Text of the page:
What Penelope argues in her article, correctly, is that “shaman” is a word heavy with colonialism and white supremacy because, why not call these practitioners priests or magicians? They do the same things. “Shaman” is used for any “primitive” religious leader and thus creates a false dichotomy between “savage” and “evolved” practices. It’s a word that’s both othering and reinforces cultural superiority. It represents both the ignorance and disrespect of actual indigenous practices and the Western and white tendency to amalgamate, misinterpret, and commodify those same practices.

There is no one “shamanic” practice and even so, whatever Jacob Chansley is doing isn’t close to anything remotely “shamanic.” He’s a racist, appropriating the trappings of other faiths he has no respect for or understanding of, and that doesn’t just include “shamanism.” He’s covered in bad tattoos of Norse origin, leading many to call him a “Viking,” but members of Norse pagan communities (referred to as heathens) have vocally denounced him. Not just because his antics give Heathenry a bad name, but because … he’s Christian.

It’s important to note that there are groups of Norse pagans who support racist and white supremacist ideologies (just as there are many Christians who use their faith to reinforce white supremacy and racism). These are known as Volkish or Neo-Volkish groups and are generally condemned among the wider Heathen community.

But the point here is that Chansley is none of these things. We have video of him giving a very Christian-sounding prayer in the Senate chamber when he tried to overthrow democracy. QAnon itself is an inherently Christian belief given that it’s all about, ya know, Satanists in service to the Christian devil. And before you ask, no, Christian Shamanism is … not a thing with any basis in history or established practice. Just because he claims to be something doesn’t mean he is or that it’s real.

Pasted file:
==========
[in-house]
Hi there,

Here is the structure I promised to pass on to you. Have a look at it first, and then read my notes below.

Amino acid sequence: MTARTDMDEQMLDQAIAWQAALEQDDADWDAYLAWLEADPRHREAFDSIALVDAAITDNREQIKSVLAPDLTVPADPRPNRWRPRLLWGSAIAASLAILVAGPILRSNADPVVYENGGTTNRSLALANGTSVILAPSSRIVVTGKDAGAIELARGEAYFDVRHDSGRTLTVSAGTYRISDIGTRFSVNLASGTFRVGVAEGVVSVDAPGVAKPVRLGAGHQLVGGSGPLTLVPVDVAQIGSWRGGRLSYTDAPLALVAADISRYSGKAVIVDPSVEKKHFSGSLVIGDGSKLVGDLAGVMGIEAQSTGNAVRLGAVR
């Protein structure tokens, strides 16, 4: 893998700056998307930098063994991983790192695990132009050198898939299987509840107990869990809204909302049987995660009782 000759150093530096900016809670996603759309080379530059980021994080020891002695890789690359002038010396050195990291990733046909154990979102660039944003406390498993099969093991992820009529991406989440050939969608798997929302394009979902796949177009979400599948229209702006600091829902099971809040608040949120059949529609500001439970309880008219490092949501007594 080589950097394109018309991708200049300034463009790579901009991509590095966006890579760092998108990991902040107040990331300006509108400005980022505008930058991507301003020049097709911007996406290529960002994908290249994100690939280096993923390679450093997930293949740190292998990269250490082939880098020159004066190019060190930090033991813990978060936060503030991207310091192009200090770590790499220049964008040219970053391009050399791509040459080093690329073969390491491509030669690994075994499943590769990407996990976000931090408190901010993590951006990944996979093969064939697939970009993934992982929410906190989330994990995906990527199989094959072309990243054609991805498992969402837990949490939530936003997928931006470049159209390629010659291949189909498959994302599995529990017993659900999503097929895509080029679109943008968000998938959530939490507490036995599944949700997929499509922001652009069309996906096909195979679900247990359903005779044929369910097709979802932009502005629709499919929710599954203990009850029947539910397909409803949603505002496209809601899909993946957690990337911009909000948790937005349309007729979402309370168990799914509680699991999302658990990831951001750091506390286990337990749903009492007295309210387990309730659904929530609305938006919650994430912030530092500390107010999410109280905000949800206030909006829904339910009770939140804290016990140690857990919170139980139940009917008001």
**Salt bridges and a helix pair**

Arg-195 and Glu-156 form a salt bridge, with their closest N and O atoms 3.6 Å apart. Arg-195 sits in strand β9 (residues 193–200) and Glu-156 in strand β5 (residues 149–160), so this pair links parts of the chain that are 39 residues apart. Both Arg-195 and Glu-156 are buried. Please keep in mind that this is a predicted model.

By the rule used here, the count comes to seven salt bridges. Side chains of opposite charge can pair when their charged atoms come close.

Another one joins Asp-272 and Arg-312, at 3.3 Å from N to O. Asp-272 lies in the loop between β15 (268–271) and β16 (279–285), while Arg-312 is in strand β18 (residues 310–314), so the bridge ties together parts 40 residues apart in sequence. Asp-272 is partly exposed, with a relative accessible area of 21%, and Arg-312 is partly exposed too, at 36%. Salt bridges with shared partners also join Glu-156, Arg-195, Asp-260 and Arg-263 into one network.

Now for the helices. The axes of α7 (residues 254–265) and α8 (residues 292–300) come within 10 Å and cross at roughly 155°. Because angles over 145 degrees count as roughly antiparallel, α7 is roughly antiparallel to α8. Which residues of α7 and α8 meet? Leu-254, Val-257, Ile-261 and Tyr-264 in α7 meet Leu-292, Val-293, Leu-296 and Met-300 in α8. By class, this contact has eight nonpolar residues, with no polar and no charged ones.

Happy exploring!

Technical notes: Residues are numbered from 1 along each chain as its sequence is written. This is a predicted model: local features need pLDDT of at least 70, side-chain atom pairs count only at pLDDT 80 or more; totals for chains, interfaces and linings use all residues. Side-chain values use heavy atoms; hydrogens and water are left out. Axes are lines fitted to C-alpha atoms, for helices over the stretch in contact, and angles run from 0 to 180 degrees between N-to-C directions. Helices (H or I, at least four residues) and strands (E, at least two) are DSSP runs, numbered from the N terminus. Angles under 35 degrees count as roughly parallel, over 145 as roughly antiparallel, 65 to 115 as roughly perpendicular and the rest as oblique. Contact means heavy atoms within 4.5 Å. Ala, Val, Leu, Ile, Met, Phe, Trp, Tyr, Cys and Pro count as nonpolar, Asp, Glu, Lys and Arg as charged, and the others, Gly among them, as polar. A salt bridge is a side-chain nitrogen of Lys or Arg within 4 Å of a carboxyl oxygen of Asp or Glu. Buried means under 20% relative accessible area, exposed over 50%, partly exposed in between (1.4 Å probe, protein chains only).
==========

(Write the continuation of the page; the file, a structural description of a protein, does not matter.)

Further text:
Chansley has won his request for organic meals, sadly. (If this feels like deja vu it’s because he made the same requests in Arizona and was coddled there too, but now he’s in Washington). And that’s infuriating because he’s appropriating a garbled misinterpretation of indigenous religion to get special treatment and attention and he did so to support a racist president. It’s the seven-layer dip of racism and it’s so contrived it’s not even organic.

Chansley is apparently taking a hard look at his QAnon beliefs and coming to terms with the fact that maybe Donald Trump didn’t care about him at all. Watkins told the Daily Beast that Chansley “has come to grasp the fact that the former president really didn’t love him and that all the bullshit about Trump’s army and all the social media-driven conspiracy theories led to a lot of the vulnerability.”

Well, boohoo. He’s finally learning that his brand and his beliefs were built on bullshit. I hope it’s the start of some actual learning for Jacob Chansley, because he’ll have a lot of time to think about all of this in jail for many years for trying to overthrow the government. And while he’s there he’s not entitled to organic food.

(image: SAUL LOEB/AFP via Getty Images)

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Jessica Mason (she/her) is a writer based in Portland, Oregon with a focus on fandom, queer representation, and amazing women in film and television. She's a trained lawyer and opera singer as well as a mom and author.